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Risk and recovery rate

Meniscus injury

Meniscus tear is probably the most common knee injury, often happens during sport activity.


The meniscus is a cartilage pad in the knee joint that serves as a shock absorber between the thighbone and shinbone.

Studies have found that meniscus-injured individuals tend to carry a certain genetic variant. This variant is also associated with time to recover after operation. 

Cartilage weakens and wears thin over time. Aged, worn tissue is more prone to tears. However, sudden meniscus tears happen in all age groups, often during sports. Regardless of age, meniscus tear is the most common knee injury.

Genetic variants of genes involved with maintenance, development and repair of bones and cartilage were found associated with occurrence of meniscus injury. A genetic variant in the GDF-5 is the leading genetic risk factor for such injuries.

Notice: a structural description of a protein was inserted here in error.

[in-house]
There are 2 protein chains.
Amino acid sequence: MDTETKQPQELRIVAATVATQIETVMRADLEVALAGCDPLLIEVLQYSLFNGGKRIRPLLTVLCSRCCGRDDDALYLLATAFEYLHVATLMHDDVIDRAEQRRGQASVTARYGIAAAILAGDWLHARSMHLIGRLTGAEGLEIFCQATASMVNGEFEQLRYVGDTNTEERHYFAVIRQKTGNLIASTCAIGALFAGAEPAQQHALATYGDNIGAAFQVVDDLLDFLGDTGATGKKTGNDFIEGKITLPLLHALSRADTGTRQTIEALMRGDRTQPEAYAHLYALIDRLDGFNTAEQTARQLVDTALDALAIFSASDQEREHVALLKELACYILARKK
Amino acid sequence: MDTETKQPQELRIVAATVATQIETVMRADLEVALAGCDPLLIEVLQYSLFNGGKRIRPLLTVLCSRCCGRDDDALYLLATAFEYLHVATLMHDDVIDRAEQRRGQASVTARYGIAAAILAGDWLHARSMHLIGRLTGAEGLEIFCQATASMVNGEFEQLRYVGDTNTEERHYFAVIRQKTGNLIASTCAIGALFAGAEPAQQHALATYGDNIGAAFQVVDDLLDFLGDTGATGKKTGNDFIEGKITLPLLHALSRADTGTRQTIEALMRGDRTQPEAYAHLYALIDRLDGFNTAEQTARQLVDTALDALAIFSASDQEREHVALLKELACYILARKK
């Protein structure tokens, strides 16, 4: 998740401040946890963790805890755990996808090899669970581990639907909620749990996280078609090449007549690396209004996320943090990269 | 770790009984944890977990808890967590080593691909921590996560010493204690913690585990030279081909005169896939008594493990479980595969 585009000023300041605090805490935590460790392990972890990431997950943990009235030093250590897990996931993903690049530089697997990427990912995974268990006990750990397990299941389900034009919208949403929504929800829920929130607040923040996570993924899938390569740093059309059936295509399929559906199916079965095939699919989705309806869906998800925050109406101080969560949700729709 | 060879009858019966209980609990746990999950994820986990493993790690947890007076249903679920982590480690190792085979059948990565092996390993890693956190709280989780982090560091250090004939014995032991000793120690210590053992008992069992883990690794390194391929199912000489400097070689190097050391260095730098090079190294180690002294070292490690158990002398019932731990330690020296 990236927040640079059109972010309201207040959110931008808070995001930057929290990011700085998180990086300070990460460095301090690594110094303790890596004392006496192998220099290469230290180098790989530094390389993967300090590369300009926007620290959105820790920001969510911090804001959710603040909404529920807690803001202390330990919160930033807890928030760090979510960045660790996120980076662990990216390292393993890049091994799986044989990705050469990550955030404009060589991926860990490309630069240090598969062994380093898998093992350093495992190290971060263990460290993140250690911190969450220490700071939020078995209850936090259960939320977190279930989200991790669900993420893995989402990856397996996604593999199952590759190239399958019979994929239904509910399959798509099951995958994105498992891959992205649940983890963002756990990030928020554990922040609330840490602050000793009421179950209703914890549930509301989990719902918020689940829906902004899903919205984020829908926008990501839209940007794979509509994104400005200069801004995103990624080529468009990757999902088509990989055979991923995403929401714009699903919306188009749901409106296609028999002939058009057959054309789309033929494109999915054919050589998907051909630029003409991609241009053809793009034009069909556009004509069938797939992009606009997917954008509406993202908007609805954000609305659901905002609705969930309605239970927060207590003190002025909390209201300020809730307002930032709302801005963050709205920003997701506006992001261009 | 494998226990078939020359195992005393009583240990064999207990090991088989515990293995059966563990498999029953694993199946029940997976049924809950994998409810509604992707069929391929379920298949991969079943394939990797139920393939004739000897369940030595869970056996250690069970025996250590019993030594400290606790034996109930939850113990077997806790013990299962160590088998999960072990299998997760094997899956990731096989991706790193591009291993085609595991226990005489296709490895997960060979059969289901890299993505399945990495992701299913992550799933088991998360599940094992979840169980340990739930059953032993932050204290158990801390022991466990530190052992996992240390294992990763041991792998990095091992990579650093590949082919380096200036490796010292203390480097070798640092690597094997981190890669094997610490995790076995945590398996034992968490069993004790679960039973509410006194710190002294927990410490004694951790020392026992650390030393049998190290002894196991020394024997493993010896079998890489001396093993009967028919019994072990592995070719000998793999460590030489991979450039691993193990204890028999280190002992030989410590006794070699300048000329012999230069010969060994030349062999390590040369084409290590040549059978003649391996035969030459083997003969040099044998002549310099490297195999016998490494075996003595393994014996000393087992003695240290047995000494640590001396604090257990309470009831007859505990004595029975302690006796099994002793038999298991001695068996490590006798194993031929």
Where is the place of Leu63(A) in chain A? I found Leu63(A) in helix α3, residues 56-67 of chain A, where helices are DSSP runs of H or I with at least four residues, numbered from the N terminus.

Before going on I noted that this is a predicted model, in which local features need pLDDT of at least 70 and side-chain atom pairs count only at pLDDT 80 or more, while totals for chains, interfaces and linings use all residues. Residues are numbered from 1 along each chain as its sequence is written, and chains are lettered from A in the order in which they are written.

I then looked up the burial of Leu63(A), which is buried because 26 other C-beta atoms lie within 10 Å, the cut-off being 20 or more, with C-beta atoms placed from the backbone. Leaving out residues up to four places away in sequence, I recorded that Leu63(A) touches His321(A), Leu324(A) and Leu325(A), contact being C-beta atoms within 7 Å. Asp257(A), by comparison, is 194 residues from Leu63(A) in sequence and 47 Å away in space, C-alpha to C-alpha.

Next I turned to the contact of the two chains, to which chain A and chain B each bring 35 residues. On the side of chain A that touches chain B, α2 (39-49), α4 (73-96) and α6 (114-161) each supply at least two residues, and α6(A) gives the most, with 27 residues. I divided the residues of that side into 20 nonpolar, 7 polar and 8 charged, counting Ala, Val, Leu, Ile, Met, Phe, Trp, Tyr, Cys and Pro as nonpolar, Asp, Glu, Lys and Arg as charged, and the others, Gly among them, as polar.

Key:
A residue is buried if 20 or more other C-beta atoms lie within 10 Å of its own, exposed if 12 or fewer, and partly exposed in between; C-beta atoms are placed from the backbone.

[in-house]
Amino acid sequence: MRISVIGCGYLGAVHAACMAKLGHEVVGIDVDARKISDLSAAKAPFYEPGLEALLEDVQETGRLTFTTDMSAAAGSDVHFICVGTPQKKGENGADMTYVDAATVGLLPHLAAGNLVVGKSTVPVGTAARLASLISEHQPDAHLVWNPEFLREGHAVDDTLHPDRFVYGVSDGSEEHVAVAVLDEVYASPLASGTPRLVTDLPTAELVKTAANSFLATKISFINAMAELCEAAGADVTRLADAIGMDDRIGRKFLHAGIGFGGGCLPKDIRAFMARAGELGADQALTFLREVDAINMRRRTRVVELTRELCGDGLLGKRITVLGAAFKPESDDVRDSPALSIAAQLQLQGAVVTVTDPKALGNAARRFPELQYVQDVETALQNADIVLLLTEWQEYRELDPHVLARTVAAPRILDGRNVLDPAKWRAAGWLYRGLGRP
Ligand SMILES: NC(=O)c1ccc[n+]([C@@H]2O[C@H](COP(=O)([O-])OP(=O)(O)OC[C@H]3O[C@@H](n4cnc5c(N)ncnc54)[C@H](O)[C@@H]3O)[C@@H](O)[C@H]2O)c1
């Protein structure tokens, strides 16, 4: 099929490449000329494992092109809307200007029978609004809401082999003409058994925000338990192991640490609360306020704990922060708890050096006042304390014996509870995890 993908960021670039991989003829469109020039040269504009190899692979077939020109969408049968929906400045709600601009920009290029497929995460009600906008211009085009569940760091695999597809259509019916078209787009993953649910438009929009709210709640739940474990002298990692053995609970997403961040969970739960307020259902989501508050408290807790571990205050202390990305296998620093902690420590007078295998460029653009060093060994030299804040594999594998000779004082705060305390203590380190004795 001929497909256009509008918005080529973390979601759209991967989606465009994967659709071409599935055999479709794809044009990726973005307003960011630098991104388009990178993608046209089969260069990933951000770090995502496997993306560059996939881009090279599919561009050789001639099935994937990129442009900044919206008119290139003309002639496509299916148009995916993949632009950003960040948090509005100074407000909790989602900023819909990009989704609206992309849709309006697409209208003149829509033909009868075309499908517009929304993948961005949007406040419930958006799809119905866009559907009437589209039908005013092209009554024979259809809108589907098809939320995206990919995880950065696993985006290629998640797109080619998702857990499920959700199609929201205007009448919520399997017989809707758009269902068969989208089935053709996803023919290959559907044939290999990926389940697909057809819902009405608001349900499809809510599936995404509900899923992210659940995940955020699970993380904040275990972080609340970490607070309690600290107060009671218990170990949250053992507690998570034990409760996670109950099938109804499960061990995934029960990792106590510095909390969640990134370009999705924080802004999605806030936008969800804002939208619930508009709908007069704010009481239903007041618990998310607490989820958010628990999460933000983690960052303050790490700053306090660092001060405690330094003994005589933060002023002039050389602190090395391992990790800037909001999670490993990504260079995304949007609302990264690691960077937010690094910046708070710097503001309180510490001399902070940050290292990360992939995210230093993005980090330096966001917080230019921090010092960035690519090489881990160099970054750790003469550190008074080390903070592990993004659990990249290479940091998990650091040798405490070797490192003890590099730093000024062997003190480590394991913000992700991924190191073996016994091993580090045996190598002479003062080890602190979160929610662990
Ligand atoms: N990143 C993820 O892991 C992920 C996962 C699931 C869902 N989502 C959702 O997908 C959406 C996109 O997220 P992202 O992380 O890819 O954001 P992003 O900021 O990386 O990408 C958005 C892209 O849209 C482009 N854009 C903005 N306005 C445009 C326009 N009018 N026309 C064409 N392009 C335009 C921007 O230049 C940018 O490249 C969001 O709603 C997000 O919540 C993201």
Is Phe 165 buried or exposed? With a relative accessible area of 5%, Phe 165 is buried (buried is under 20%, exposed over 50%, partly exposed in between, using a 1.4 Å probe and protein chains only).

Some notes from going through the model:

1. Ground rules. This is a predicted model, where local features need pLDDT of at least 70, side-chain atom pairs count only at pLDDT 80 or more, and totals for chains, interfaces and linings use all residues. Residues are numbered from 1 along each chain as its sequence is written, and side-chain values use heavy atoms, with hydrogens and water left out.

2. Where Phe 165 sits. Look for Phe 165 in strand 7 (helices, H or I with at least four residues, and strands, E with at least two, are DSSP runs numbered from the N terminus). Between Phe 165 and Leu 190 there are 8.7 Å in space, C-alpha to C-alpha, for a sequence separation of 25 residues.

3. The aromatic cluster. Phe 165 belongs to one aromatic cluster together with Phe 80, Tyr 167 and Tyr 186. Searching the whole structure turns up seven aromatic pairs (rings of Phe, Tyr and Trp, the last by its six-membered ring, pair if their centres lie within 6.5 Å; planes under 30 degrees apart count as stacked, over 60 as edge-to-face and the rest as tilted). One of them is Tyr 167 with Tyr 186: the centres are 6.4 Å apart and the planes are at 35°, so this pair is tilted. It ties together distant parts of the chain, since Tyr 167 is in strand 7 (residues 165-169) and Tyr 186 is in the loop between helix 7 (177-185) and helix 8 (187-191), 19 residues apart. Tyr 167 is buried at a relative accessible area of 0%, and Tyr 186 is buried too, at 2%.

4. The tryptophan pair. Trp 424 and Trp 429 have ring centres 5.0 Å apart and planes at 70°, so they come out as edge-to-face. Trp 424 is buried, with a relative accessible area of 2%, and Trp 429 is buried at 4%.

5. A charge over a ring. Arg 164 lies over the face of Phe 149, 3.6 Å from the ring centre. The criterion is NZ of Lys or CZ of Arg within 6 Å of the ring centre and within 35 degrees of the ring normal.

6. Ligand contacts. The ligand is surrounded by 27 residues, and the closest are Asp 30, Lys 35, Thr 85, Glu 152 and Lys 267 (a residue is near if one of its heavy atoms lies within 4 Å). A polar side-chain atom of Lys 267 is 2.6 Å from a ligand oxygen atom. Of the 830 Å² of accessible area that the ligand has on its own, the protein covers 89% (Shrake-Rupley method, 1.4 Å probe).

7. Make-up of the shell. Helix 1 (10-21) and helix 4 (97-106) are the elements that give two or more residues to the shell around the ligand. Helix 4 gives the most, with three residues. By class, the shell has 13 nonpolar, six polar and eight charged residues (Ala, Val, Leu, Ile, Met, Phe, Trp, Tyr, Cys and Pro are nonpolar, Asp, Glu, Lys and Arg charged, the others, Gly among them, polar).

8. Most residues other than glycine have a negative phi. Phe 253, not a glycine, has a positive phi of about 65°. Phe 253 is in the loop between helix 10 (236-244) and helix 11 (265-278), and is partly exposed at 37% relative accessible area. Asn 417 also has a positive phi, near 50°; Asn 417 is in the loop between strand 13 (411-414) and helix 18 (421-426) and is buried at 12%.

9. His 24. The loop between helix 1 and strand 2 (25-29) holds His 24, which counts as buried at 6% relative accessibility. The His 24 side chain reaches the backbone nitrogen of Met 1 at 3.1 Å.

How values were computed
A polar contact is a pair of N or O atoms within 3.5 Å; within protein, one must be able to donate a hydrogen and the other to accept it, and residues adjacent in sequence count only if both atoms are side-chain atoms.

Genomic coordinates (GRCh38): 20:35,433,346-35,454,745


GDF-5 is a growth factor involved in bone and cartilage formation. It regulates differentiation of chondrocytes, the cells that produce and maintain the cartilage matrix. GDF-5 is also required to prevent excessive muscle loss upon denervation (loss of nervous supply).

The central role of the GDF-5 gene in maintaining healthy cartilage is evident. Studies have found that the T allele is significantly over-represented in meniscus-injured individuals, compared with uninjured individuals.

The T variant is also associated with slower operation recovery time. C allele carriers have been shown to have enhanced tendon repair capacity and are at reduced risk for injury in the first place.

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